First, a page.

endings. Though effective, the accusative is hard to get used
especially since one must apply it to the adjectives as well as the
noun. Because SVO (subject verb object) is the most common word order
among world languages, other constructed languages typically allow you
to use the same form for the subject and object when you use SVO
- Its plural adjectives: adjectives must "agree" with the
nouns they modify.
has a substantial number of adverbs that do not follow the grammatical
conventions. It can be difficult for a beginner to tell the
difference between prepositions, conjunctions and irregular
- Esperanto has a "correlative table" which, while not too
difficult to learn IMO, generally doesn't use the grammatical endings.
named months and weekdays. They should have been numbered or otherwise
named so as to be easy to remember. The month names all resemble those
in English but the weekdays do not. Further, they are not marked in any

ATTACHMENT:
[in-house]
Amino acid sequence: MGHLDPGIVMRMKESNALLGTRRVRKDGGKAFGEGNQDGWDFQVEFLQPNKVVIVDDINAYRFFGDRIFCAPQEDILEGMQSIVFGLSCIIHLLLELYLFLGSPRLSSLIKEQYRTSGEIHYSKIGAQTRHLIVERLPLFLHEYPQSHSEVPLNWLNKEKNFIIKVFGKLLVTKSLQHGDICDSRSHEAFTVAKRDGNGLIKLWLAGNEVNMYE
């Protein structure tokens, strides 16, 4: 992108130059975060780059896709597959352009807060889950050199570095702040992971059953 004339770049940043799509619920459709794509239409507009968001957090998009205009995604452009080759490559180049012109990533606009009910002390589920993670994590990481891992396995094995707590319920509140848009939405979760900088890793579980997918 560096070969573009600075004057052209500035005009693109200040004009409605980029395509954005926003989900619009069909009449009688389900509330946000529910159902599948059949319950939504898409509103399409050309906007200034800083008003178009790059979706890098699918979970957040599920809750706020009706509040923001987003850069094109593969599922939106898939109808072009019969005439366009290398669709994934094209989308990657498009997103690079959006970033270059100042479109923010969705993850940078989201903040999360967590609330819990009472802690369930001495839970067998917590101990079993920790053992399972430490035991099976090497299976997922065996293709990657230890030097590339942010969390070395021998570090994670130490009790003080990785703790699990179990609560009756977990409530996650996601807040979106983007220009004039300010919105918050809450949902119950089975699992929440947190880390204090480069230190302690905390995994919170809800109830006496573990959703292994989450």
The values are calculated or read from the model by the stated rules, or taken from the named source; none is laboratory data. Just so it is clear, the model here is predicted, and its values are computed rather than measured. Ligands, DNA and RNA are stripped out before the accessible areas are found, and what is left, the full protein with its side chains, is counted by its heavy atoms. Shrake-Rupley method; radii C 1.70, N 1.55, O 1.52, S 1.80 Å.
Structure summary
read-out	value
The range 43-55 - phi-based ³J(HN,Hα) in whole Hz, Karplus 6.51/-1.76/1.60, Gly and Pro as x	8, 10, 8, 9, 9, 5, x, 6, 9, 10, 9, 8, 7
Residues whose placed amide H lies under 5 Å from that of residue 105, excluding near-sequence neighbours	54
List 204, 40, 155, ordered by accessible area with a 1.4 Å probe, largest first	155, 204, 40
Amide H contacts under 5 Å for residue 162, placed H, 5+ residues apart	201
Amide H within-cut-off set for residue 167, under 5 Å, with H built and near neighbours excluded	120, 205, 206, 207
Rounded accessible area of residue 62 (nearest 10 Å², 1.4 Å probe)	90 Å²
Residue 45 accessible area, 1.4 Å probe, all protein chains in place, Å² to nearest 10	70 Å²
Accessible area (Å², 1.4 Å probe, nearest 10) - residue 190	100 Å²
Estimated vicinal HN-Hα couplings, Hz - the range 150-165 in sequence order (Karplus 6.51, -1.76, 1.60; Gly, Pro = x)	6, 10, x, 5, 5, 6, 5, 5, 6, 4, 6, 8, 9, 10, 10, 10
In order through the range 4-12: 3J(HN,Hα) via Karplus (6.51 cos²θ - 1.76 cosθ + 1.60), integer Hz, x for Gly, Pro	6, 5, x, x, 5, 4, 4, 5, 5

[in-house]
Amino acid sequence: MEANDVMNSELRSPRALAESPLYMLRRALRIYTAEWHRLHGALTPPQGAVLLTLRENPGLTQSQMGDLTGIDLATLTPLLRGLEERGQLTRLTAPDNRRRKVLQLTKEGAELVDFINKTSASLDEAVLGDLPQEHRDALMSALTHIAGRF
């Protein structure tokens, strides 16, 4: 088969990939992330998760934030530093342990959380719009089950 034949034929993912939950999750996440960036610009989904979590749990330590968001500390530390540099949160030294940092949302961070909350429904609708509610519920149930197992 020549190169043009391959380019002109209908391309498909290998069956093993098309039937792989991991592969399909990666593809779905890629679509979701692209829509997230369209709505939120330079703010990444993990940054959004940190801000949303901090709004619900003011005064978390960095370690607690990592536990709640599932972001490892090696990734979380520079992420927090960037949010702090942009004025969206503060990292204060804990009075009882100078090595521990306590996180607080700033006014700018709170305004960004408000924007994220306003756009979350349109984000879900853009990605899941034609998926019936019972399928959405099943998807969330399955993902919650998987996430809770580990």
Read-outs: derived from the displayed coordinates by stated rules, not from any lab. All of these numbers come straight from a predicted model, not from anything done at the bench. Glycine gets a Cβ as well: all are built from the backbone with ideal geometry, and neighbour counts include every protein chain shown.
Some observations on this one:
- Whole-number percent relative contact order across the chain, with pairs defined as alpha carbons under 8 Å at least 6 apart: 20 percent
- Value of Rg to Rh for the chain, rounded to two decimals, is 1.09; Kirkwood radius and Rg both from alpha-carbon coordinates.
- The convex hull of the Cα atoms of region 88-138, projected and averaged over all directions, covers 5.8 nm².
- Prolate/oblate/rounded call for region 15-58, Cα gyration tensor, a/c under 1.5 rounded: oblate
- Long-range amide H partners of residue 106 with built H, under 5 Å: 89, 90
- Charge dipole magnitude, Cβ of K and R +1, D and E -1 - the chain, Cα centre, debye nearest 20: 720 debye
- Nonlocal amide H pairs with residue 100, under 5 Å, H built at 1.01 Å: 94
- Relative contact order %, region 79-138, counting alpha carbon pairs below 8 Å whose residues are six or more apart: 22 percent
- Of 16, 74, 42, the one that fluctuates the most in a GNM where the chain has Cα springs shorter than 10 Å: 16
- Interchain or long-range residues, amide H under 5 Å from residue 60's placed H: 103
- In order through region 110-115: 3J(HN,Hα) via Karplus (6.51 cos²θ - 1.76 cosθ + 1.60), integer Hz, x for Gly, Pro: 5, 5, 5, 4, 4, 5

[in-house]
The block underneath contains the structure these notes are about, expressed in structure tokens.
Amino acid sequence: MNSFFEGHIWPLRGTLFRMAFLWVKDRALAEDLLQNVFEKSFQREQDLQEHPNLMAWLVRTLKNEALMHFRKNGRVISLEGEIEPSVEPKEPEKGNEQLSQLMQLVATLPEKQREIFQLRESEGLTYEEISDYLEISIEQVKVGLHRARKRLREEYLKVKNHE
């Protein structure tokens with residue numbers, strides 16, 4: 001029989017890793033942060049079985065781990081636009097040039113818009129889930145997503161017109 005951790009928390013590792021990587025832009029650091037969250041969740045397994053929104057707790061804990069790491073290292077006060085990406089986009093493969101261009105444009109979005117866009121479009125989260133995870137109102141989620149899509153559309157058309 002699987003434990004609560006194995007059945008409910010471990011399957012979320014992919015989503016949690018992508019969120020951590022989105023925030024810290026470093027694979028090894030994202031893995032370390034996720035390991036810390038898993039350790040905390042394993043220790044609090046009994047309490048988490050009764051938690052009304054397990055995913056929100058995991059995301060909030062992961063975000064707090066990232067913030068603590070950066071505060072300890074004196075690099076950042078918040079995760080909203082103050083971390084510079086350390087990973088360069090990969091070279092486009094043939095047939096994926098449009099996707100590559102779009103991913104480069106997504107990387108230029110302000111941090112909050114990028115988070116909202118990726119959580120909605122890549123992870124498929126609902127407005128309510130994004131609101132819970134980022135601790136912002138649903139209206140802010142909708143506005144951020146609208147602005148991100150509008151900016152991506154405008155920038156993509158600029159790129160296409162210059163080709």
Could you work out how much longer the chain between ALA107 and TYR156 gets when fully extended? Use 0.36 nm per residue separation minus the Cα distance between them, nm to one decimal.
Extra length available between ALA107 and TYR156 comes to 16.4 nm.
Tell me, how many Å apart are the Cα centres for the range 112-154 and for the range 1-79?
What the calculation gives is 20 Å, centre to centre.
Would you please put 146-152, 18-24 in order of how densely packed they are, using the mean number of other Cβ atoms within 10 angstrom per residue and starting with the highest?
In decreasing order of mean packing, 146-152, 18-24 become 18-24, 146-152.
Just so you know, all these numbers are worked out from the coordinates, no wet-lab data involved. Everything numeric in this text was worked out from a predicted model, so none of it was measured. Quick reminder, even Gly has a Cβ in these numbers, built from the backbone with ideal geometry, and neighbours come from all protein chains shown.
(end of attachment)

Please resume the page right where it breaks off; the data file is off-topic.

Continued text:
particular way, so if you see a noun for an unknown weekday, you won't realize you're looking at a weekday. Even English beats Esperanto here, since the weekdays are all immediately identifiable as days.
idioms: although there are few multi-word idioms, there are many
compound words whose meaning is slightly or very
different from what its component morphemes suggest. For
al-igx-il-o, apparently meaning "a tool for becoming to" (when
I saw it, I thought perhaps it meant "a tool for transportation") means
"application form". A more typical example is "kompreneble", which literally means "understandably", but as best I can tell, actually means "of course". Such nuances mean that you can easily think you understood something perfectly, when in fact you've just encountered an idiom and did not realise it.
Sometimes, these idioms are a necessity, because the language lacks any other means of expression. For example, Esperanto has no word for "should", so instead people use the conditional form of "must", namely "devus", which literally means "would have to", and, indeed, can mean that in some cases.